AUGUSTA — “We’re going to have a fair,” Duane “Punkin” Oates announced to the Hampshire County Fair Committee, as they met at the fairgrounds April 28.
As chair of the fair committee, Oates had consulted people both at the state level and in the county health department, and reported both had greenlighted the fair, though the state-level decision would not be official until 3 days later.
The Hampshire County Fair is scheduled for July 25-31, and should go as planned —“unless something else major happens,” Oates said.
There may be a few issues affecting the livestock exhibitors. The WVU Extension Service was holding a livestock meeting at Central Hampshire Park the evening the fair committee met.
Oates pointed out that all the fair committee can do is make sure the animal buildings are open and the lights are on. WVU sets rules for livestock exhibitors, at least for 4-H members.
Possibilities said to be under discussion included transporting animals to the fair for judging and home again the same day, or requiring exhibitors to come to the fairgrounds to tend to their animals rather than allowing camping on the grounds.
An issue worrying the Ruritan clubs putting on the fair was whether volunteers would be required to wear masks, since many are in their 60s and 70s and work in hot and crowded kitchens, especially in the snack bar.
Oates was assured by the county health department that masks would be a personal decision. He urged the Ruritans to be respectful of all decisions volunteers make, including whether they feel comfortable volunteering at all.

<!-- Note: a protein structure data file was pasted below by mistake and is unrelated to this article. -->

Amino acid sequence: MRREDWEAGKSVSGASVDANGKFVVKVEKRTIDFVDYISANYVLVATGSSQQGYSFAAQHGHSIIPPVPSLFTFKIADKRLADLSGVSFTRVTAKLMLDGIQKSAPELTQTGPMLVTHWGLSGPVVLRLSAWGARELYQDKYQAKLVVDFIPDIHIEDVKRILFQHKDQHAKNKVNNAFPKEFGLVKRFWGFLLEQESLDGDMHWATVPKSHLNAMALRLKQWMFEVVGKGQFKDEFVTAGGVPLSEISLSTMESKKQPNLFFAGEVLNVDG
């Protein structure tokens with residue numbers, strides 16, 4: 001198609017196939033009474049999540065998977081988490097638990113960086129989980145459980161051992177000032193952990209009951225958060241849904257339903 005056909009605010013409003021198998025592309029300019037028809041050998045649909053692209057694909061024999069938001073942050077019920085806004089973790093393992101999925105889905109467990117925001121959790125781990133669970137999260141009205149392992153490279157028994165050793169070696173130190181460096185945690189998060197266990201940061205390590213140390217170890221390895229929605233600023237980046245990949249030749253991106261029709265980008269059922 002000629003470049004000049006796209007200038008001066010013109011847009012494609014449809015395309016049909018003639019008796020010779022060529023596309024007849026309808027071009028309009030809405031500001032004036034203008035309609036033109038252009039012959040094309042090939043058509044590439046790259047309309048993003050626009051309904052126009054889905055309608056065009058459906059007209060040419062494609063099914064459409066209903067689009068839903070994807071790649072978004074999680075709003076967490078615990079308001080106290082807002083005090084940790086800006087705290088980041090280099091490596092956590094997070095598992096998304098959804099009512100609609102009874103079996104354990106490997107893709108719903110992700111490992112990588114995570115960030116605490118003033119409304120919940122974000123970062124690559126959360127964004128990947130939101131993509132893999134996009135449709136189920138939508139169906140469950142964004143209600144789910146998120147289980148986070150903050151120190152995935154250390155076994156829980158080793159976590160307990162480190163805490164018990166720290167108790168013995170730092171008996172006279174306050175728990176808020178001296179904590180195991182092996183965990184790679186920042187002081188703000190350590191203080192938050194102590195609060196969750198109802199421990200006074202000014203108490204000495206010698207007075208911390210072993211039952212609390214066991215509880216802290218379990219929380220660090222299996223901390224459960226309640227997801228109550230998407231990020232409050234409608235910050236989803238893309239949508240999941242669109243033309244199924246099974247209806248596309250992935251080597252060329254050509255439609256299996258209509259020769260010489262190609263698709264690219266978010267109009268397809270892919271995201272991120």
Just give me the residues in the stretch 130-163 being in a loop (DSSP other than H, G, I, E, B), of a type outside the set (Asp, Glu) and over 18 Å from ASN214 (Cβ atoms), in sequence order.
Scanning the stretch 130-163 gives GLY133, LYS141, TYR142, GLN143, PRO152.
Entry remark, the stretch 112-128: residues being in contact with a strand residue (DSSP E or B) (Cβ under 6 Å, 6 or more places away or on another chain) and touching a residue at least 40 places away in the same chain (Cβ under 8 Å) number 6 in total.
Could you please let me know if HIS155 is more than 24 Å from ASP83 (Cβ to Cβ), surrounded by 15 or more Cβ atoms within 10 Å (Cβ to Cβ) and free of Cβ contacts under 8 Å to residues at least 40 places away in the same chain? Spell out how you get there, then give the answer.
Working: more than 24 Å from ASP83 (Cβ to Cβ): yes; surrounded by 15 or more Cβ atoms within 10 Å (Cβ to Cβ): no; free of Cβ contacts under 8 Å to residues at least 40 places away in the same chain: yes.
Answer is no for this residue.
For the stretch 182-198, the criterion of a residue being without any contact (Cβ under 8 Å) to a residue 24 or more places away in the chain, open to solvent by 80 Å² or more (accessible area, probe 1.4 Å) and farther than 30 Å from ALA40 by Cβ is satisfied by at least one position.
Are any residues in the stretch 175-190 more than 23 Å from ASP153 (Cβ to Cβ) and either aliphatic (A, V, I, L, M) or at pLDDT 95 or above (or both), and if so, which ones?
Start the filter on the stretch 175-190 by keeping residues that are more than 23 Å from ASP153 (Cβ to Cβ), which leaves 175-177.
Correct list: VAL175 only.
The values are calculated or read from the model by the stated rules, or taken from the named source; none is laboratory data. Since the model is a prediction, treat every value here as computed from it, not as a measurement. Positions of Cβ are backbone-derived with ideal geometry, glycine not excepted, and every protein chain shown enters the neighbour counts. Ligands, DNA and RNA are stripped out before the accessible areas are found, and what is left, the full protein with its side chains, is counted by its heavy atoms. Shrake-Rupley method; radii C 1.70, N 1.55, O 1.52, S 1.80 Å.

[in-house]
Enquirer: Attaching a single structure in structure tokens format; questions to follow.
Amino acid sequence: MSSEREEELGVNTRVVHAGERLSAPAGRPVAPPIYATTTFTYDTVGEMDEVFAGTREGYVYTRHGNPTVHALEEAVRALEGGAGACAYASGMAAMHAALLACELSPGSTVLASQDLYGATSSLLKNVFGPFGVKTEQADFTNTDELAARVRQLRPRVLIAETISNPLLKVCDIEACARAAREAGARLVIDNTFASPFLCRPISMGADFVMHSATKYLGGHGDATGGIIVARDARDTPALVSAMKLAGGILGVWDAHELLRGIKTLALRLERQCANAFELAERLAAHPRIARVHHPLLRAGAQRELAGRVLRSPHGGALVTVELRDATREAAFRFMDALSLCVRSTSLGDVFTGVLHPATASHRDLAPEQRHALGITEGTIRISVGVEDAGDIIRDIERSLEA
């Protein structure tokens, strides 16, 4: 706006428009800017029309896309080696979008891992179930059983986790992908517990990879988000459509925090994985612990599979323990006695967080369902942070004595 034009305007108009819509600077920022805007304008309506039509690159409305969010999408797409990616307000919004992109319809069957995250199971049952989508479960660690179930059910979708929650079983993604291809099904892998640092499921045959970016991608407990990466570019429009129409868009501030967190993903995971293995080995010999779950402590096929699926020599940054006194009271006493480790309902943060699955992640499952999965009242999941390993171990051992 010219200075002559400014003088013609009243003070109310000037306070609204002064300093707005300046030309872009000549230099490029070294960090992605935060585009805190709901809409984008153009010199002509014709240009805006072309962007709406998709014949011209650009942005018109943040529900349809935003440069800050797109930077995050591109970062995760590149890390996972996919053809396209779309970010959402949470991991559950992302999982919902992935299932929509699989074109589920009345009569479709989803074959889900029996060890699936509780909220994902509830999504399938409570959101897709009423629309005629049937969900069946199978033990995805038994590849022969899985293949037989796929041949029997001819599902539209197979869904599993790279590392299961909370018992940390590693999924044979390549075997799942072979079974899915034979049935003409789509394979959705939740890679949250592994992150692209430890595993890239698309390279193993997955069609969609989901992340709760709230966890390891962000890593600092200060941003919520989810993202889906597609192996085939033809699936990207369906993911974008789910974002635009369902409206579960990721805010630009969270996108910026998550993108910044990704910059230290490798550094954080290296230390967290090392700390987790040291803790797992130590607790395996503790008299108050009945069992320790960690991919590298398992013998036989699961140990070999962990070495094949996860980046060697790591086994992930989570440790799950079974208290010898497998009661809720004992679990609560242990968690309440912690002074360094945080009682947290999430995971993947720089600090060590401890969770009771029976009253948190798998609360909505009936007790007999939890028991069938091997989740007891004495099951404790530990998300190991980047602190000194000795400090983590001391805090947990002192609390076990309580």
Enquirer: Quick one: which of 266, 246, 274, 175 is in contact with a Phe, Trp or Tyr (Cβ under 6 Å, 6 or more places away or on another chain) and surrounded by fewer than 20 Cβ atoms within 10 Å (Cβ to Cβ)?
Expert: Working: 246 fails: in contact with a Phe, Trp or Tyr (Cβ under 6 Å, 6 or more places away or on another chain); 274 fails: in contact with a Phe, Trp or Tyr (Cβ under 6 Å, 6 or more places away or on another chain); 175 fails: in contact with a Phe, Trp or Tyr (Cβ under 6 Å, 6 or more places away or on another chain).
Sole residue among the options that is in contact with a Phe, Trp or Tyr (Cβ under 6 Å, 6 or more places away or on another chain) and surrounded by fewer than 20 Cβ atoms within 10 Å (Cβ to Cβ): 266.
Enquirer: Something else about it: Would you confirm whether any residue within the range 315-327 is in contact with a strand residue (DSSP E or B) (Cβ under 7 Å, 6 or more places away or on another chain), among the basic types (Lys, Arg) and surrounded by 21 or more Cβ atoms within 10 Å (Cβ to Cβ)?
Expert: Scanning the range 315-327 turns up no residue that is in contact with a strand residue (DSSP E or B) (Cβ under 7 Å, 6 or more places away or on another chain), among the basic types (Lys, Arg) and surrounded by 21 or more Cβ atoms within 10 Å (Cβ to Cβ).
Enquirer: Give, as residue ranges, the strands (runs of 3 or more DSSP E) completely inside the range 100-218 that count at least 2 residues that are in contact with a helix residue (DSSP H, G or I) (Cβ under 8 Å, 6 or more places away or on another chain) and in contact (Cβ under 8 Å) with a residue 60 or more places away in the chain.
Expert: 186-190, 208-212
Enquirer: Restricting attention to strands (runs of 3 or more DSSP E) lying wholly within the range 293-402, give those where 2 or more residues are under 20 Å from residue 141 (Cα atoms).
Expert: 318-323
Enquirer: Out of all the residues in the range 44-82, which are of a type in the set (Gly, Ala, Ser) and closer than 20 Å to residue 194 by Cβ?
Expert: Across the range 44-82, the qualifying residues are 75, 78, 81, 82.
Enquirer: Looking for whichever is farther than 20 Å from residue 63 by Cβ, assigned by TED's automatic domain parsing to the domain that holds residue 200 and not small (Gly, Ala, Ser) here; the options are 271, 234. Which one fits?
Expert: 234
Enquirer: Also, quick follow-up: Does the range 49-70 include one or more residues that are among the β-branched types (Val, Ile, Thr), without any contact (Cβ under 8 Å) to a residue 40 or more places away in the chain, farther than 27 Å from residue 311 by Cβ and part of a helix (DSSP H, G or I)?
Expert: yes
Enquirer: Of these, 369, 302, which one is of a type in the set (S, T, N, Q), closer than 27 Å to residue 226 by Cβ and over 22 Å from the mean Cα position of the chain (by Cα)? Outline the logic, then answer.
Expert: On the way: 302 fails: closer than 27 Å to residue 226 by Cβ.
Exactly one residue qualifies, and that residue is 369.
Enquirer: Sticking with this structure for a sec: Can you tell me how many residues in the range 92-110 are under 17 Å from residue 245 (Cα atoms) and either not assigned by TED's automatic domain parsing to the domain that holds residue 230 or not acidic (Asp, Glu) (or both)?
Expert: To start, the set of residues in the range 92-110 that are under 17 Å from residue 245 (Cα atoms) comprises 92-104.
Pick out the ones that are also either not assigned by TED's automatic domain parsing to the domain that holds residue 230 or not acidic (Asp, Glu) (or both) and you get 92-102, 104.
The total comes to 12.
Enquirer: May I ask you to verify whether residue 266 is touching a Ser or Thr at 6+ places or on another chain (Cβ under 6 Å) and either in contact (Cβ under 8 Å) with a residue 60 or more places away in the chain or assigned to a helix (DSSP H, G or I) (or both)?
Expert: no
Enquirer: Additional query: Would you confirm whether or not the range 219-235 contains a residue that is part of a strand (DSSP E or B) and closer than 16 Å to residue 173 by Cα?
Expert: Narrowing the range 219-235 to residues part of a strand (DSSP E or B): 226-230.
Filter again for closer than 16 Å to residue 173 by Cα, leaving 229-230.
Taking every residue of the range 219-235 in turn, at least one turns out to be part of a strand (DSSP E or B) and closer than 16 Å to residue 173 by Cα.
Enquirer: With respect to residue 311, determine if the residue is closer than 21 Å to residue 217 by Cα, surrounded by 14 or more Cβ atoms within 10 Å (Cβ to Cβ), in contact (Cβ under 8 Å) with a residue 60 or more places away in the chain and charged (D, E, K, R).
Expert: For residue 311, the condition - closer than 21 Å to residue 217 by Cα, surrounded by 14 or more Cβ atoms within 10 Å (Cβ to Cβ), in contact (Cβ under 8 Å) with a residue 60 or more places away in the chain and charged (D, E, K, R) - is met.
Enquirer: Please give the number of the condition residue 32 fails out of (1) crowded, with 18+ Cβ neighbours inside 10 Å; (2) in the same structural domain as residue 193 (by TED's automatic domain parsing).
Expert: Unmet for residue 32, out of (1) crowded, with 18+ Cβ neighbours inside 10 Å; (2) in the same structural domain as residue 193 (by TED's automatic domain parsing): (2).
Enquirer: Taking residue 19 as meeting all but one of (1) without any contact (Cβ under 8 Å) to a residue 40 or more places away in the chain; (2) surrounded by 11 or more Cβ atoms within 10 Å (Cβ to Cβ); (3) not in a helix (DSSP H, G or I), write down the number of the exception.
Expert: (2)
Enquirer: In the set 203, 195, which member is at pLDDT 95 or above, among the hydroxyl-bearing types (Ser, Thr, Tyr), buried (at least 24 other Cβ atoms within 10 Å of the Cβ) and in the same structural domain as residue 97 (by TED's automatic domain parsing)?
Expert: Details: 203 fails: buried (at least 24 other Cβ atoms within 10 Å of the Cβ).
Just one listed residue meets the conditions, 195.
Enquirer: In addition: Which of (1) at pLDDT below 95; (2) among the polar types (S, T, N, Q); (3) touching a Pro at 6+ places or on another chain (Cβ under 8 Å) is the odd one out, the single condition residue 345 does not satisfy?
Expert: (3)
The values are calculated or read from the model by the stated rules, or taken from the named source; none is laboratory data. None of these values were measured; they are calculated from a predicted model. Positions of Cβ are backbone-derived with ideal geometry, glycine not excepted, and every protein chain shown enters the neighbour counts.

Concern was expressed about beauty pageant contestants crowding into a trailer to change, and Oates said they might make a decision on this later. Last year one possibility had been to have contestants compete in just one outfit, and change at home.
Entertainment plans are firming up, with a tractor pull planned for Friday and the mud bog moving to Saturday. Five sponsors are being sought to contribute $500 each to cover the $2,500 cost of the tractor pull sled.
The Saturday mud bog will be scheduled from 3-8 p.m., since that is the day of the livestock sale, and buyers will be coming in with trucks and trailers to haul animals away after the sale concludes around 9 p.m.
People are demanding a parade, said Oates.
“People want to see the community thrive again,” he said.
He is talking with a magician about performing on fair night, and later hoped a local group might volunteer to perform before the magic show.
It was agreed that admission passes would be sold this year, offering a full week of admission for $20. The committee has not yet decided how early to begin selling passes, but they will no longer be available once the fair begins.
County Commissioner Dave Cannon, a member of the Slanesville Ruritan Club, asked some questions about finances. Oates explained that fair profits are divided evenly between the Ruritan clubs who staged the fair — $2,000 each for 10 clubs last year, to be used for community service (such as scholarships for HHS graduates).
Oates also described measures taken to keep expenses low, including having Judy’s Mobile Home Sales sponsor the car show and provide a trailer for a dressing room for the beauty pageants, rather than paying to exhibit their merchandise.
Mowing the fairgrounds, which used to cost $2,500 a year, and is now done by the county parks and recreation department, in return for use of the soccer fields.
Other decisions made included asking Gary and Linda Riggleman to work on collecting payment from sponsors with signs posted on the fairgrounds fence, with Oates noting that the fair should be charging an annual fee, since the signs were free advertising not just to fairgoers, but to soccer game audiences, which can be so large “you’d think it was fair week.”